Nucleosides Vs Nucleotides

The difference between nucleosides vs. nucleotides involves the presence or absence of a phosphate group. A nucleoside consists of a nucleobase and a sugar (ribose or deoxyribose) whereas a nucleotide contains a nucleobase, a sugar, and one or several phosphate groups. Hence, the main difference is nucleotides have phosphate groups and nucleosides do not.

You’ve probably heard of DNA (Deoxyribonucleic Acid) before, along with RNA (Ribonucleic Acid). However, you may be less familiar with the compounds found within them, nucleosides and nucleotides. Nucleotides are molecules essential for creating life on Earth, yet they should not be confused with the similarly named nucleoside molecules. What’s the difference between nucleotides and nucleosides exactly?


“DNA is like a computer program, but far, far more advanced than any software ever created.” — Bill Gates

The short answer is that nucleotides are just nucleosides with a phosphate group added to them, and nucleosides themselves are just sugars linked to the nitrogenous bases that make up DNA and RNA. It’s important to put this answer in context though, so let’s take a closer look at the differences between nucleotides and nucleosides.

Before looking at nucleotides and nucleosides, let’s examine the bases that comprise DNA and RNA. DNA and RNA are made up of nitrogen bases also called nitrogenous bases. These nitrogen bases are divided into two different classes, pyrimidines, and purines. Pyrimidine is a compound made out of a single organic ring, while purines have a double ring structure made out of a pyrimidine ring combined with an imidazole ring.

The Five Nitrogenous Bases

There are five nitrogenous bases used to compose DNA and RNA: adenine, guanine, thymine, cytosine, and uracil. Each of the nitrogenous bases has a complementary base, so the two will only ever pair together. Adenine pairs with thymine, while guanine pairs with cytosine. The exception to this is uracil. DNA has adenine, guanine, thymine, and cytosine in it, but RNA lacks thymine and it bonds with adenine instead. Adenine is a purine, along with guanine. The other bases are pyrimidines.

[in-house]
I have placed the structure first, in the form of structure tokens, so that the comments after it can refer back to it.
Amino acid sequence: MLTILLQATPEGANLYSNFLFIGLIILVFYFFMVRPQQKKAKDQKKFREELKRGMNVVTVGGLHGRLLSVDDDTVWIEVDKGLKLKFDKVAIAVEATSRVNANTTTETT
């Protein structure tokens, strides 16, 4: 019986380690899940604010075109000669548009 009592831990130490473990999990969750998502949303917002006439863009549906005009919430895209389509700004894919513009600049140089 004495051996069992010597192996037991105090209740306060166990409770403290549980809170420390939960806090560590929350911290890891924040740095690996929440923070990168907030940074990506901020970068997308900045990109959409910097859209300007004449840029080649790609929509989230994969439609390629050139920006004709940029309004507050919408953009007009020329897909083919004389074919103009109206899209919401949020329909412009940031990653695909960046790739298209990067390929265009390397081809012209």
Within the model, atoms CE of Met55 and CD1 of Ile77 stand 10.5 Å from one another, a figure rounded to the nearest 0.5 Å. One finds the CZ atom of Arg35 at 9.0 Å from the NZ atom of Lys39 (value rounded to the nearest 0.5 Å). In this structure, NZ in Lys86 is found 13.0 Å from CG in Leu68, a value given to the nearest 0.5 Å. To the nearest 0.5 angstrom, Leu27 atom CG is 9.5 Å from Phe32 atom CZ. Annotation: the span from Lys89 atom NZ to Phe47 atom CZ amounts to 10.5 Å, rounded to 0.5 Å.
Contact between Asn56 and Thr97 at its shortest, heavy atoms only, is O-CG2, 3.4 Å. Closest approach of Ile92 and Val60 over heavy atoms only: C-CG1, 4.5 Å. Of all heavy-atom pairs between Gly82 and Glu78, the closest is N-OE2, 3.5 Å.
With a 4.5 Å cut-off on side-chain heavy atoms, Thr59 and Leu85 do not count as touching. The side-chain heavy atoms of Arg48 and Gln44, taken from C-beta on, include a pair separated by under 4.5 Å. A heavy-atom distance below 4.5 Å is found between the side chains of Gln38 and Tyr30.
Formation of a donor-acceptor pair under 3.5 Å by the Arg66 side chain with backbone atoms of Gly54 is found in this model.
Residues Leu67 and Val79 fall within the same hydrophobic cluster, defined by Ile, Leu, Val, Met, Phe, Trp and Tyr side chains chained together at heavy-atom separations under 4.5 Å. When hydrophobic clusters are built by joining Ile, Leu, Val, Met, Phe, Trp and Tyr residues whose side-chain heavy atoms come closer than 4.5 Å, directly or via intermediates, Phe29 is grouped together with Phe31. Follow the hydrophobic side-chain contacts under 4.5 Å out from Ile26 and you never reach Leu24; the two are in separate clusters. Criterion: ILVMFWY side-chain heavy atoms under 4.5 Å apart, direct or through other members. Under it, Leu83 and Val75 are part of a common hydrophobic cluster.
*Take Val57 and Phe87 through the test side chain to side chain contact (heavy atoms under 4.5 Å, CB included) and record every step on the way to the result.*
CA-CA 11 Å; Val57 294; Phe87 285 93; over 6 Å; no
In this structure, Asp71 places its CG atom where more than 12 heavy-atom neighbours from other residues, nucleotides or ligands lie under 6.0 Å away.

The five nitrogenous bases bond with five-carbon sugars to create nucleosides. The names given to the nitrogenous bases paired with sugars are fairly close to the names of the bases themselves. An adenine base bonded with a five-carbon sugar is called adenosine when in the RNA and Deoxyadenosine when in the DNA.

The Role of Nucleosides

The cells in a body can gain nucleosides to use through the process of synthesis, but they can also be gained simply by ingesting nucleotides in food. Nucleotides will be broken down into nucleosides and phosphate by an enzyme referred to as nucleotidase. Nucleosides have use in the medical field, where they can function as antiviral or anti-cancer devices. In fact, the major cause of cancer is mutated and malfunctioning nucleotides.

“At the deepest level, all living things that have ever been looked at have the same DNA code. And many of the same genes.” — Richard Dawkins

Nucleosides go through the process of phosphorylation, bonding with phosphorous to create a nitrogenous base paired with sugar and phosphate, and a nucleotide is created. These nucleotides now have the famous sugar-phosphate backbone of DNA and function as the molecular building blocks for both RNA and DNA.

The Role of Nucleotides